The village is crossed by two rivers: the Thue which flows into the Seulles Amblie and the Gronde coming from Coulombs which feeds the water of the castle of Manneville as well as the two former laundries of the village before throwing itself in Thue in the hamlet of Pierrepont.
Origin of the name: from the word Lantos, patronymic of a Gaulish chief and the Gaulish language ialo, "clearing, field". Lantheuil is therefore "the clearing of Lantos".
Located halfway between Caen and Bayeux, the village may have been a war place, as was Vaussieux, where a camp was established. Since the early seventeenth century, the locality has close relations with the family of Turgot, the castle of Manneville being for a long time an important place in the village. As frequently in the region, men are most often laborers, the main activity being agriculture or stonecutters, while women are for the most part lacemakers. Until 1790, the Lantheuil estate was established as a parish, while that of Pierrepont, where a laity convent was founded by a parish priest of Lantheuil, is a branch of the parish of Amblie. These two domains were united in 1835 by M. Turget, prefect of Calvados. In the nineteenth century, the industry is almost absent, with the exception of two or three match factories. In the late twentieth century, agriculture is less important than before, the majority of working Caen.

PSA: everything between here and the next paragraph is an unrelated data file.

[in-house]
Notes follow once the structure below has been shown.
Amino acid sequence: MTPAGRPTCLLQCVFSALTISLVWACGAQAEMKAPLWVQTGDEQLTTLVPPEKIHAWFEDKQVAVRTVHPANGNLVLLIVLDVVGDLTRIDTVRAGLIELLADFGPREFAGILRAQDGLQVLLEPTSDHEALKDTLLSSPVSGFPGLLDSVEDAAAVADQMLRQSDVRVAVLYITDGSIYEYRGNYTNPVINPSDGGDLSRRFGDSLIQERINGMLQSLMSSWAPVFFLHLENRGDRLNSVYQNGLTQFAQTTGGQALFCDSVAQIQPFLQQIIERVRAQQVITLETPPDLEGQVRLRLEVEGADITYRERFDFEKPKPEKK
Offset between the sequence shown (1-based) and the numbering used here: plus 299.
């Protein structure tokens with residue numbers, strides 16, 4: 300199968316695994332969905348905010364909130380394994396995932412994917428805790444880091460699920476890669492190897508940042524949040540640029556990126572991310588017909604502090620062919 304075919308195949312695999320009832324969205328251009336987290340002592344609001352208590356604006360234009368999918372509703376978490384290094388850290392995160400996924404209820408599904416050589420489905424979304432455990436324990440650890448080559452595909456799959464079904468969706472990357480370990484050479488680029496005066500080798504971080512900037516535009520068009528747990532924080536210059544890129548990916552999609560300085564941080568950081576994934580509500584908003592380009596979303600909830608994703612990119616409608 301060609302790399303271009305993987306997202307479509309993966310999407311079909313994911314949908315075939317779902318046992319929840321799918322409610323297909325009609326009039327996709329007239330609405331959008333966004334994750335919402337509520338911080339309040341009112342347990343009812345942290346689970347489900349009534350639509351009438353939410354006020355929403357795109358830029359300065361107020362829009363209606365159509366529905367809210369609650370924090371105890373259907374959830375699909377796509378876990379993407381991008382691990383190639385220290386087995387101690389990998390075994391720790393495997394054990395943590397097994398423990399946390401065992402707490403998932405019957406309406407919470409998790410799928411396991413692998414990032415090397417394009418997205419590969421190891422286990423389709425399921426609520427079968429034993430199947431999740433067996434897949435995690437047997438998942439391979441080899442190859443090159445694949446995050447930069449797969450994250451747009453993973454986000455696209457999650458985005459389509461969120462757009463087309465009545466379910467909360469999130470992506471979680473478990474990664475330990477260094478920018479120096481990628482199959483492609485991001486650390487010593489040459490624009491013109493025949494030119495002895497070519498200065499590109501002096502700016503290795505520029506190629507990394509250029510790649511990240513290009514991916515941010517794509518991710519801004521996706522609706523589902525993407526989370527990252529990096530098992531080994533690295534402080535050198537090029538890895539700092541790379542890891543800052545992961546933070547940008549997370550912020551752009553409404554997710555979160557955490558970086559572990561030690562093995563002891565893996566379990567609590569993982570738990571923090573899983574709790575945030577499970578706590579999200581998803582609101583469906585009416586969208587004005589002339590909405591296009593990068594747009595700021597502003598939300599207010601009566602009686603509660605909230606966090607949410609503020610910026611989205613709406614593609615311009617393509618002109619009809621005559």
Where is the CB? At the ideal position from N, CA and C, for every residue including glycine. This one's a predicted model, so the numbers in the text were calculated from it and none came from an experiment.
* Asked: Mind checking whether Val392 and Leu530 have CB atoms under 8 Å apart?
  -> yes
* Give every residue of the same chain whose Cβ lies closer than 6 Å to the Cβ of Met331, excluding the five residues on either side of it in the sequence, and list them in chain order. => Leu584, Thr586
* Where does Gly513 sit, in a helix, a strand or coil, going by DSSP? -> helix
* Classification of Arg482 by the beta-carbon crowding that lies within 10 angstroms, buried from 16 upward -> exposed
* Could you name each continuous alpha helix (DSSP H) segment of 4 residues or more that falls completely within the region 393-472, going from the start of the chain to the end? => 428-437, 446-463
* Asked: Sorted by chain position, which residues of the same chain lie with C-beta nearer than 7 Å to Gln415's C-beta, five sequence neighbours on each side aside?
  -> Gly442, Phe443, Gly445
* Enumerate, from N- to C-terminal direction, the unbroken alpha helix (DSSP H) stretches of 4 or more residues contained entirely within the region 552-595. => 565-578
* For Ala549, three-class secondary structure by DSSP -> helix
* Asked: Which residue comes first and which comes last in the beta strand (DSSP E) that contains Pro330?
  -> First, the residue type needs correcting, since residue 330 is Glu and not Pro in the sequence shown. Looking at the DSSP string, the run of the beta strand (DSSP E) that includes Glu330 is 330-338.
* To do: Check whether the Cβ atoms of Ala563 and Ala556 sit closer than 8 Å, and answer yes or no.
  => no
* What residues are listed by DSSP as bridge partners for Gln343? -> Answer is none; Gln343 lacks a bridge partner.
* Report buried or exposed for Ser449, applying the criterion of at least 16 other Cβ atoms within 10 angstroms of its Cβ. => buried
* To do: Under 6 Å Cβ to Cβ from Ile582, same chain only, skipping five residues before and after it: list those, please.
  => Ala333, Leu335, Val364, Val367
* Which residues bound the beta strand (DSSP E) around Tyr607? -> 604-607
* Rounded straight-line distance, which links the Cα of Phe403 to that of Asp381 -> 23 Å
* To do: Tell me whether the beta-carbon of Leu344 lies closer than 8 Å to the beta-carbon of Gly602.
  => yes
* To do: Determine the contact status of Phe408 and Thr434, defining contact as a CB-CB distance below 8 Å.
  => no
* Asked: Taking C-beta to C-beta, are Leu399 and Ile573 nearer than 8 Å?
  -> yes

Nestled in the middle of two valleys, Thue and Seulles, Amblie is located halfway between Bayeux and Caen.
A little history...
The presence of man is ancient as evidenced by human traces dating back to antiquity. For several centuries, the territory is attached to the French nobility. The textile activity is developed in the nineteenth century. Water mills established on the banks of the Thue, which still function until 1945, thus treat the textile threads but also the grain. After World War I, Belgian peasants settled on the territory. Spared during the Second World War, although very close to the landing beaches, Amblie helps Caen hosting a refugee center and injured thousands of victims.